United States v. Watkins, 691 F.3d 841, 851 (6th Cir. 2012).
The district court clearly identified which portion of Head’s testimony that it believed to
be perjurious: Head’s claim that he had “no idea” how to manufacture MDMA. H.R. 245
(Sentencing Hr’g Tr. at 51) (Page ID #1634); H.R. 244 (Trial Tr. at 263) (Page ID #1348). The
court also made an explicit finding that this statement, made under oath, was false, reasoning that
“[t]he evidence at trial was sufficient to establish that Mr. Head not only had an idea about the
MDMA manufacturing process but was actually conducting that process himself.” H.R. 245
(Sentencing Hr’g at 51) (Page ID #1634). However, the conclusion that the defendant told an
“obvious lie” under oath is insufficient to support the sentencing enhancement if the district court
does not also make factual findings regarding the other two elements of perjury. See United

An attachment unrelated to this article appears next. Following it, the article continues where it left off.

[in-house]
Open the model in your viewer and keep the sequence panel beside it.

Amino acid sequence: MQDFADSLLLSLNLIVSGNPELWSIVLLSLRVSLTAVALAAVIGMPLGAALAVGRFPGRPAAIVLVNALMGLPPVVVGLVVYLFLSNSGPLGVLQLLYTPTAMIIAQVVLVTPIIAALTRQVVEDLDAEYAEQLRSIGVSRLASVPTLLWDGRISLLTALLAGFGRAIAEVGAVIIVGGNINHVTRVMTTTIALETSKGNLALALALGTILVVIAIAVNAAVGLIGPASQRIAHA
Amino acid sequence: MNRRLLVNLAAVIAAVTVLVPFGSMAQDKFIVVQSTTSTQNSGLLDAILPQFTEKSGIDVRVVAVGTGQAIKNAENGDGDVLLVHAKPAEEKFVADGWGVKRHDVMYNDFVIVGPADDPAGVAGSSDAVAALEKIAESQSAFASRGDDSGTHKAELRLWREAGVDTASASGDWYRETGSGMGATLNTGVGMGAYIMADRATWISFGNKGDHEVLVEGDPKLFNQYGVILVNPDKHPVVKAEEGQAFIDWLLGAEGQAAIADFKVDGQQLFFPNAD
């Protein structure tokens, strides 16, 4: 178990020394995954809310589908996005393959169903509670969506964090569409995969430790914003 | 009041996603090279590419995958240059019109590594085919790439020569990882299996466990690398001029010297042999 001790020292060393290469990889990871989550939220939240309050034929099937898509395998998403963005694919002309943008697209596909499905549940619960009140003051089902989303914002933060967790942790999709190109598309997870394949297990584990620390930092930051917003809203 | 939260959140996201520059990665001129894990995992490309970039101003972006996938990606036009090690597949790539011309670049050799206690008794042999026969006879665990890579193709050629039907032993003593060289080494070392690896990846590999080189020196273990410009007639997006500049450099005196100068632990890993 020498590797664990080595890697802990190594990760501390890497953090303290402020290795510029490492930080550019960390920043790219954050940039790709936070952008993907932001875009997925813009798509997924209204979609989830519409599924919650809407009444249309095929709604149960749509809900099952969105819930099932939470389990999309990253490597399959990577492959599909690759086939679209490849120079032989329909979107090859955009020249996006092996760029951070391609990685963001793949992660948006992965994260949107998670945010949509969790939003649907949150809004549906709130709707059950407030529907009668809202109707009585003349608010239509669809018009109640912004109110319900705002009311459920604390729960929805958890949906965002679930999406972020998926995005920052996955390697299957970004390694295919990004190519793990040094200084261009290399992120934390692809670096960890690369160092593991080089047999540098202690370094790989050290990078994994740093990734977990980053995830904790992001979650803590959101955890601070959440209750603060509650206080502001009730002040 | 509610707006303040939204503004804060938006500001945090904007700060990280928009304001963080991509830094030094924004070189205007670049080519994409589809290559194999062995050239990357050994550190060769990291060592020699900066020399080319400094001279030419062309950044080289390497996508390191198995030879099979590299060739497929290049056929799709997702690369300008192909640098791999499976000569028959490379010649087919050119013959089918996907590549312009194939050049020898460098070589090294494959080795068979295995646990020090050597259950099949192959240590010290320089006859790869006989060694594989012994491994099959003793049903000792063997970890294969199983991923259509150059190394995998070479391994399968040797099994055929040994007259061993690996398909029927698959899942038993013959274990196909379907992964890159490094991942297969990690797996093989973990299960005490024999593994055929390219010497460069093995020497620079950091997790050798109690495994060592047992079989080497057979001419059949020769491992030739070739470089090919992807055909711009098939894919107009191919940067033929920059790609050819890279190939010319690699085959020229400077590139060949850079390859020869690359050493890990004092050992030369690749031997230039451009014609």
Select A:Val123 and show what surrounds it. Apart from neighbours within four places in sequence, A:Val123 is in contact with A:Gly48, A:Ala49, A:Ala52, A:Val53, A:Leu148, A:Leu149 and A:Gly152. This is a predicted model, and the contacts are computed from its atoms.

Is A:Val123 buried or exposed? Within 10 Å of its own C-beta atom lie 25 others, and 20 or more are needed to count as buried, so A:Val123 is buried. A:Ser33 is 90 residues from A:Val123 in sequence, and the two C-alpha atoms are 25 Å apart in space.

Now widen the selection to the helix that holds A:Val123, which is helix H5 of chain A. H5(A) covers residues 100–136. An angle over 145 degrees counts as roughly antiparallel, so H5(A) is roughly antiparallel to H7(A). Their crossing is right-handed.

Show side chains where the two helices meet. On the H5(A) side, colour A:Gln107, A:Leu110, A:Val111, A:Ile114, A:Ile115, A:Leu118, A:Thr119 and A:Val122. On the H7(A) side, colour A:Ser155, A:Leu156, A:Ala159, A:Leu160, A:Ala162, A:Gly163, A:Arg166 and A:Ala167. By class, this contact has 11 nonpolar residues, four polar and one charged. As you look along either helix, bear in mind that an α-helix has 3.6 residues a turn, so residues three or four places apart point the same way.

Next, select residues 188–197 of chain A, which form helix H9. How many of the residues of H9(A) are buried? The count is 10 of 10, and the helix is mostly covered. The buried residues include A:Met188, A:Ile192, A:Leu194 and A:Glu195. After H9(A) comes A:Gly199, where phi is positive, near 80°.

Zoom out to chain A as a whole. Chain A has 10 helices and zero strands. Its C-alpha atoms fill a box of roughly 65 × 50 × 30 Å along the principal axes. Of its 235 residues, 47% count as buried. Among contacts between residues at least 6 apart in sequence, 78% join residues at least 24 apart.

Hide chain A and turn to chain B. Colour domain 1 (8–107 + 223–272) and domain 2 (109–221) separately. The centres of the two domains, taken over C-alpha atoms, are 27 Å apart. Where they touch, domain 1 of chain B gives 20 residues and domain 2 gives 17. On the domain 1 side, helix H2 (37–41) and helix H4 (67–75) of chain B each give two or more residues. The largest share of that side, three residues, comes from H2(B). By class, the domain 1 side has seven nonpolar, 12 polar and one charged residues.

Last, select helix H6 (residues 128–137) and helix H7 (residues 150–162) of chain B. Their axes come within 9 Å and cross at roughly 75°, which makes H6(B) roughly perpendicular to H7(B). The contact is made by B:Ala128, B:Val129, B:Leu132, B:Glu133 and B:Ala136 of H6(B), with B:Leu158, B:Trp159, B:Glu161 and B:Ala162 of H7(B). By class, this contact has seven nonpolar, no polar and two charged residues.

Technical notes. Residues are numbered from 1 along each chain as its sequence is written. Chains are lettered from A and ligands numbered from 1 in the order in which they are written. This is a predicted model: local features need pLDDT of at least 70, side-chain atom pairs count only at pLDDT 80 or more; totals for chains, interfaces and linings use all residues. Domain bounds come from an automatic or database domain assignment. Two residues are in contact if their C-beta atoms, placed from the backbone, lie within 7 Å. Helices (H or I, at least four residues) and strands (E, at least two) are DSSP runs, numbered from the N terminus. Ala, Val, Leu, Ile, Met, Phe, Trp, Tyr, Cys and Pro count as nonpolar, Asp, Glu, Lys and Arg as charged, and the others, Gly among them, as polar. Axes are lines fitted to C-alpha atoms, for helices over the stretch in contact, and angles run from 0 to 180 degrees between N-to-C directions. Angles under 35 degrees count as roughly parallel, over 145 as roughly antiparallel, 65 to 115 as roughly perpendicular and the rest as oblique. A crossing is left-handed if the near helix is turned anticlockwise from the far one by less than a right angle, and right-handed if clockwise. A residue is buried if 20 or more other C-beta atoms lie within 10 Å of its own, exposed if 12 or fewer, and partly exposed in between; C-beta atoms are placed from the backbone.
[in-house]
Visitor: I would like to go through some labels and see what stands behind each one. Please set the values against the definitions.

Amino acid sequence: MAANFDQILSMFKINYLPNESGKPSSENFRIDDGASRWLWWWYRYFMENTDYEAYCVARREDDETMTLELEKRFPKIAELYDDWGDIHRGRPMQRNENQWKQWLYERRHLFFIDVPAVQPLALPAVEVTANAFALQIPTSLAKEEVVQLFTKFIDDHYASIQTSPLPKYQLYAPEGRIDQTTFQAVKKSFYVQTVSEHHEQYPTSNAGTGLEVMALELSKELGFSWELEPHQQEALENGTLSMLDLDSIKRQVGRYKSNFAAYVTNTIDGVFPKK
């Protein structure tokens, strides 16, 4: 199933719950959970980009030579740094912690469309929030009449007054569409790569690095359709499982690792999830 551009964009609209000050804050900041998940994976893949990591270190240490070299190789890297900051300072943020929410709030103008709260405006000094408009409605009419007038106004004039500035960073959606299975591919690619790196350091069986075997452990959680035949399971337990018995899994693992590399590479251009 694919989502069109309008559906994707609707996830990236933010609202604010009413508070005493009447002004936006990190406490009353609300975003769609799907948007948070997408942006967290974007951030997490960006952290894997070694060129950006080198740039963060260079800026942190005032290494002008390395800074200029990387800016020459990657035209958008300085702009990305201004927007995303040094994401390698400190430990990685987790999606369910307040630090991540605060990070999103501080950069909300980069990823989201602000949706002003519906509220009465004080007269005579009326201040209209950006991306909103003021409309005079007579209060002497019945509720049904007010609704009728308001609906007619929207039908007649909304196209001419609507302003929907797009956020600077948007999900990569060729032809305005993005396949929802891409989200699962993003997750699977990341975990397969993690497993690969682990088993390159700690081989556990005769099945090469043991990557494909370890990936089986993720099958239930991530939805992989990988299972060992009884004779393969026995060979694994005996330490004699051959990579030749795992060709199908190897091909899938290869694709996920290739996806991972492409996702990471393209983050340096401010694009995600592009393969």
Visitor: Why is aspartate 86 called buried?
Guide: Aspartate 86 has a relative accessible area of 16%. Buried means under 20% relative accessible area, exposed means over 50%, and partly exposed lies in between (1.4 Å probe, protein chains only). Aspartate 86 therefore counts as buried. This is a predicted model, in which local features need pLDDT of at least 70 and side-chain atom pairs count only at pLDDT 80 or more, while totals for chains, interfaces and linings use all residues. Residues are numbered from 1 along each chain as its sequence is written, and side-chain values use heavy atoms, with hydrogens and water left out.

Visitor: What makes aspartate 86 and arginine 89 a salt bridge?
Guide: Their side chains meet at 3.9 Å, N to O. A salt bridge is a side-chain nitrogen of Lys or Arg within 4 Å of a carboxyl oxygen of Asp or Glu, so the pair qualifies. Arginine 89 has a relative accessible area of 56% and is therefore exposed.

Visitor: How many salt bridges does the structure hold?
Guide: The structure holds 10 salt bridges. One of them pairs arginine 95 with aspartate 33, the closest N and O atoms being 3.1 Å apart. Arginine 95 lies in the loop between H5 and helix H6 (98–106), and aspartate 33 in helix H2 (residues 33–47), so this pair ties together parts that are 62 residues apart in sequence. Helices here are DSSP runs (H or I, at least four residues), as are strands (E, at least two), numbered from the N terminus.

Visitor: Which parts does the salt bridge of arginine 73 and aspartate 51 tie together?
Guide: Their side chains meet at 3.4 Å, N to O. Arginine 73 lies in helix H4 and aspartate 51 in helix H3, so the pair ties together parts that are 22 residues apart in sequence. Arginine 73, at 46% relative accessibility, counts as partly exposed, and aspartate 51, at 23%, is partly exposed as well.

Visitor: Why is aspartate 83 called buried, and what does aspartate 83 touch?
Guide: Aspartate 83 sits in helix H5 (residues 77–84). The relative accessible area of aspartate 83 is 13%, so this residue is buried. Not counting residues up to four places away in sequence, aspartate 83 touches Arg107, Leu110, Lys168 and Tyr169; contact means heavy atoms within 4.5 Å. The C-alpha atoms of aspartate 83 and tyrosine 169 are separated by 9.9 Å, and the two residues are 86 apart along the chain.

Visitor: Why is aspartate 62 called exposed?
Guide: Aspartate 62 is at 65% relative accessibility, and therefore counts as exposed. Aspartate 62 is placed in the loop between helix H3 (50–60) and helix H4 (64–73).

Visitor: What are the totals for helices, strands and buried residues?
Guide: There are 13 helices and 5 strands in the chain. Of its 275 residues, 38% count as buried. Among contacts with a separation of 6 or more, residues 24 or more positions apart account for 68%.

USA v. Kamper et al.
States v. Macias-Farias, 706 F.3d 775, 781–83 (6th Cir. 2013). The district court failed to make
factual findings concerning the materiality of the matter or Head’s intent, and we are “not wellplaced to make factual findings of perjury in the first instance, even if we believe there is
evidence in the record that supports such findings.” Id. at 783. Were we to presume the
elements to be satisfied, we would risk undermining a criminal defendant’s constitutional right to
testify on his own behalf. We therefore conclude that the district court failed to make the
necessary factual findings to support a sentencing enhancement for obstruction of justice.
The district court also erred by applying the sentencing enhancement for Head’s
aggravating role as a manager or supervisor of the conspiracy. “This Court has yet to clarify the